1. Top-tier quarterbacks
Burrow vs. Mahomes lived up to the hype the first time around, and after the showdown between the Bills and Chiefs last week, this one is destined to be another intriguing quarterback battle.
Mahomes went to an AFC Championship in his first season as a starter in 2018, second season in the league, and he is now leading the Chiefs to a fourth straight title game after throwing for 778 yards combined the last two weeks. Burrow, in his second season but first complete one, has carried the Bengals to their first playoff wins since 1991 but will be looking to get the offense back to more of its Week 16-17 pace when he threw for 971 yards and eight touchdowns combined in the AFC North title-clinching games.
“(It will take being) near perfect,” Burrow said. “I think every week of the playoffs has proven that. It goes through Kansas City, and Patrick Mahomes has been near-perfect for four years, however many years he’s been starting. So that’s what it’s gonna take for me. It’s not just a quarterback-driven game. It’s a team game, but I think wins and losses usually come down to how each quarterback plays.”
A fast start could be key. The Bengals were able to rally in the first meeting after falling behind by 14 three times, but Mahomes is capable of running away with a game.
Zac Taylor talks Joe Burrow's recovery in the offseason
2. Protection is key
While being sacked nine times last week at Tennessee, Burrow needed to rely on his defense and special teams to step up when the offense couldn’t get into a rhythm, but it’s not something the Bengals can count on overcoming again.
According to the Elias Sports Bureau, Burrow is the sixth player to enter a conference championship with 50-plus sacks, and his 62 are easily the most. The previous five quarterbacks all failed to reach the Super Bowl, and four of them saw their teams fail to score an offensive touchdown in that conference title game.
“You try to fix the things that are easily fixable,” offensive coordinator Brian Callahan said. “Is it just a really good player playing really well? It’s hard to fix those. But the communication ones are the most important, things you can fix. With Joe, you’re always going to be mindful of the fact that he can make people miss and sometimes he does and he gets out clean and there’s huge plays down the field. That’s part of his play style. Certainly, we would like to see every now and again if he really feels like he can’t get out of it to just throw one away and save a sack. But, that’s how we’re gonna play and that’s how we’re gonna win. Joe’s gonna be who he is. There’s no changing that right now. At some point in his career he’ll get tired of taking some of those hits and he’ll throw it away. But as of right now that’s what makes him special and we’re not gonna try to take that away from him. Obviously I think he can make most of those plays when he’s out there, so we’re just gonna let him play football.”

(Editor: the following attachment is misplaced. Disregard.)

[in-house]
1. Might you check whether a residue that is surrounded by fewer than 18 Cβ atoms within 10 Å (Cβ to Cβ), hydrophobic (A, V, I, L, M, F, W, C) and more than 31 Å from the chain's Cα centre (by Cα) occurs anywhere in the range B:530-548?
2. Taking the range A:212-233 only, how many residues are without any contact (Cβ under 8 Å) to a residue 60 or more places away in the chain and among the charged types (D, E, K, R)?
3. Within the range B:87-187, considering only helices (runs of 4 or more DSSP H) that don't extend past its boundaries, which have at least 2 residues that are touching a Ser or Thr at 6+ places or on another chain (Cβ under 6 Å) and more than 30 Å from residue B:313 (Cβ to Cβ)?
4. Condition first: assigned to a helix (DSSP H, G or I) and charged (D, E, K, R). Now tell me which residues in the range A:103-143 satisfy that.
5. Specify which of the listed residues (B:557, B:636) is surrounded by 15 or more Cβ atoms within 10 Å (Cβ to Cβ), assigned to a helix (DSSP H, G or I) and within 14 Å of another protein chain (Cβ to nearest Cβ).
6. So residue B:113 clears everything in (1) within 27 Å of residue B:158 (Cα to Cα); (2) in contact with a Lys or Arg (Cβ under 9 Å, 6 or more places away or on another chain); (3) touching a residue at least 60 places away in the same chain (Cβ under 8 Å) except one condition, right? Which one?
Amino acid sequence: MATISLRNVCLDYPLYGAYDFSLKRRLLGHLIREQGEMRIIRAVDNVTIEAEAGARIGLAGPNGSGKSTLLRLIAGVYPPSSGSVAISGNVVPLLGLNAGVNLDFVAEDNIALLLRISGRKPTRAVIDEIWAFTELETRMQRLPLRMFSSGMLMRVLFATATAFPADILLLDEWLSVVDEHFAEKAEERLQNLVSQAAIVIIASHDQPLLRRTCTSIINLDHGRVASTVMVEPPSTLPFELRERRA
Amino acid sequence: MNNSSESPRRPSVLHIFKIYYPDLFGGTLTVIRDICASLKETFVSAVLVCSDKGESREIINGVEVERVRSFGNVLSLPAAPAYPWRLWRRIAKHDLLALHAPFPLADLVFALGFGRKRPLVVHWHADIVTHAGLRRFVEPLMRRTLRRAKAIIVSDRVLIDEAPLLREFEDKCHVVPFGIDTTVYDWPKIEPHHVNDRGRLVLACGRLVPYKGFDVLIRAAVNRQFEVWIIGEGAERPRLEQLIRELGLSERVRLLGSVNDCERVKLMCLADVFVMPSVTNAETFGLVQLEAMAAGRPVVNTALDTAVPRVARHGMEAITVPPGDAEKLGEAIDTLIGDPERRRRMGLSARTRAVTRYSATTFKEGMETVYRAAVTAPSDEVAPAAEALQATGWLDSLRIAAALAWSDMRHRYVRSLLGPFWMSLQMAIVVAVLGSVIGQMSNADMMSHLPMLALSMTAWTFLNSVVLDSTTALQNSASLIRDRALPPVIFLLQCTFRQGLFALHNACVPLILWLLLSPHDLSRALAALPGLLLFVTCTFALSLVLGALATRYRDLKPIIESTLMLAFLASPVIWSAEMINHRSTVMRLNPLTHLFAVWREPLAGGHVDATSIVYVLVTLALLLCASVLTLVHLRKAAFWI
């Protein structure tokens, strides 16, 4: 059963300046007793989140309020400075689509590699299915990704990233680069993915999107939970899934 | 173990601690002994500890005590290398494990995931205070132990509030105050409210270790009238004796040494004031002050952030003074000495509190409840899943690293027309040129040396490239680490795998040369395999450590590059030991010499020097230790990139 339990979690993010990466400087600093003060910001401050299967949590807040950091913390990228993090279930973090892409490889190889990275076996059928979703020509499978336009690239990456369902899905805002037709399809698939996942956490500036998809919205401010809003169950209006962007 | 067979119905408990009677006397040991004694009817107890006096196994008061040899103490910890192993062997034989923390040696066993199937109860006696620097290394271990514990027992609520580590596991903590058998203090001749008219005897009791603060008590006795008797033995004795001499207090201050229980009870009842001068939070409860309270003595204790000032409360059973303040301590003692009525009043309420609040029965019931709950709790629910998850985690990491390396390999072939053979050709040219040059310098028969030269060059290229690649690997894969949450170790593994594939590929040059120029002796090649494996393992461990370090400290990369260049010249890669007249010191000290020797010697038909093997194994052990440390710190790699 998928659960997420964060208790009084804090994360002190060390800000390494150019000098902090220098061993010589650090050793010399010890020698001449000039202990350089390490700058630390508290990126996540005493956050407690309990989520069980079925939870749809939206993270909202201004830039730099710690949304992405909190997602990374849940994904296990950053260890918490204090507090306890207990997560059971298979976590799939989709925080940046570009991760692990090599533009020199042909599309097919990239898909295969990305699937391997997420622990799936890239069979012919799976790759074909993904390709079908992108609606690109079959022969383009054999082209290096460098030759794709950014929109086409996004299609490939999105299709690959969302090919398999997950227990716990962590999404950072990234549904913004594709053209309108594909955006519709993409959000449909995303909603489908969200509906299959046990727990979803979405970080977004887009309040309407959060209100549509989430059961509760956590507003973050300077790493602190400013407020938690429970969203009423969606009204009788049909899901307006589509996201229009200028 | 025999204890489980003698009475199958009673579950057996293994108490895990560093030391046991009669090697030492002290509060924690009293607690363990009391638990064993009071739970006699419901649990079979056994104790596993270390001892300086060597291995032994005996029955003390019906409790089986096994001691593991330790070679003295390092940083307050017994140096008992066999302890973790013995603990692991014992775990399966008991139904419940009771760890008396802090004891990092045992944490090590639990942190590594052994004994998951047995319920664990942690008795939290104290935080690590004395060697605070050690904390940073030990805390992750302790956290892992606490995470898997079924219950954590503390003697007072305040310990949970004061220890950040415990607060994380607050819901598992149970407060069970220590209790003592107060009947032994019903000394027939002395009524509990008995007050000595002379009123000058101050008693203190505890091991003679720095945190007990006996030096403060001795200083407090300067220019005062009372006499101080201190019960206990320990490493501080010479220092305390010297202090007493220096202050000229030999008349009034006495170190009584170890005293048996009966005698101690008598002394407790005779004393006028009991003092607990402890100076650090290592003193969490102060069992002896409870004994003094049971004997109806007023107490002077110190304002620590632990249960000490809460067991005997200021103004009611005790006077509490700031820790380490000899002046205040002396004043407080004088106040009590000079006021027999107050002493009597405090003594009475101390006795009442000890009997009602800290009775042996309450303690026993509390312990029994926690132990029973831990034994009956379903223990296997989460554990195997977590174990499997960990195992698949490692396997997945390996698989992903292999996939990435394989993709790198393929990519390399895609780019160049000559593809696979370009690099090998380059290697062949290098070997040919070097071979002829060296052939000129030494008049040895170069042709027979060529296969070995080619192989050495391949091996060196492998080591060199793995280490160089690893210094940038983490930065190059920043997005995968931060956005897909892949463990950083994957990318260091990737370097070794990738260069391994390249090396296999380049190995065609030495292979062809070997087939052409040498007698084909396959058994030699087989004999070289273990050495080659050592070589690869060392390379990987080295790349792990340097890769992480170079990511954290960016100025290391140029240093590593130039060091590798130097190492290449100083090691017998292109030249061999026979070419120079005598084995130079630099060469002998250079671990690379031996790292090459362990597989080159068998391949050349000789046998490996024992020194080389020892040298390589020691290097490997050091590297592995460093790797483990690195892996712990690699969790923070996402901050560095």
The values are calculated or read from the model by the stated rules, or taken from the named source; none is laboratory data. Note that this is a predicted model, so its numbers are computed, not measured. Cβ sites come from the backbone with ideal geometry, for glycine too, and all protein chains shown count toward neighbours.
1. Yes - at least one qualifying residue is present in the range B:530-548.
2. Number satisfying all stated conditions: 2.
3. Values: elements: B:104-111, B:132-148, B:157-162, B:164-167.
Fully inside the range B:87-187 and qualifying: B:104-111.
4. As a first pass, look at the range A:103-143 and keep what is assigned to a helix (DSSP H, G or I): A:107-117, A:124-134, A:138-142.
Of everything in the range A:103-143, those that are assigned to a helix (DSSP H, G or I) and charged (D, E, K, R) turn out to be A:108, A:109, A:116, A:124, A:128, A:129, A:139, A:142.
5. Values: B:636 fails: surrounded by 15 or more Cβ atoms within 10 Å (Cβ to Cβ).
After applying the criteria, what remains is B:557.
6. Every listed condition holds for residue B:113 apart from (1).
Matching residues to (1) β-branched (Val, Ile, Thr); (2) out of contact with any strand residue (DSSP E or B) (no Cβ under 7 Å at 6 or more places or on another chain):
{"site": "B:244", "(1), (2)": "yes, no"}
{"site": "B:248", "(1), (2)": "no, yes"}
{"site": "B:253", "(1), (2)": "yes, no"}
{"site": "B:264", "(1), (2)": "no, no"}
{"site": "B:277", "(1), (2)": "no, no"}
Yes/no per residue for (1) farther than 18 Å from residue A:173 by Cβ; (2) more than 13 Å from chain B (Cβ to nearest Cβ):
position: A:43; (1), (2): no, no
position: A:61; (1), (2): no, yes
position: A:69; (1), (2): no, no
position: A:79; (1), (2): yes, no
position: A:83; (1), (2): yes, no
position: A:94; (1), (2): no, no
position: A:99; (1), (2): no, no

Burrow is special in that he also is just the fifth player in the last 30 seasons to enter the conference championship while leading the NFL in both completion percentage and yards per attempt. The Bengals would benefit from giving him more opportunities to complete those passes with a clean pocket. Kansas City was among the bottom four in the league with 31 sacks this season, but the Chiefs got to Burrow for four sacks in Week 17 and Chris Jones had two of those.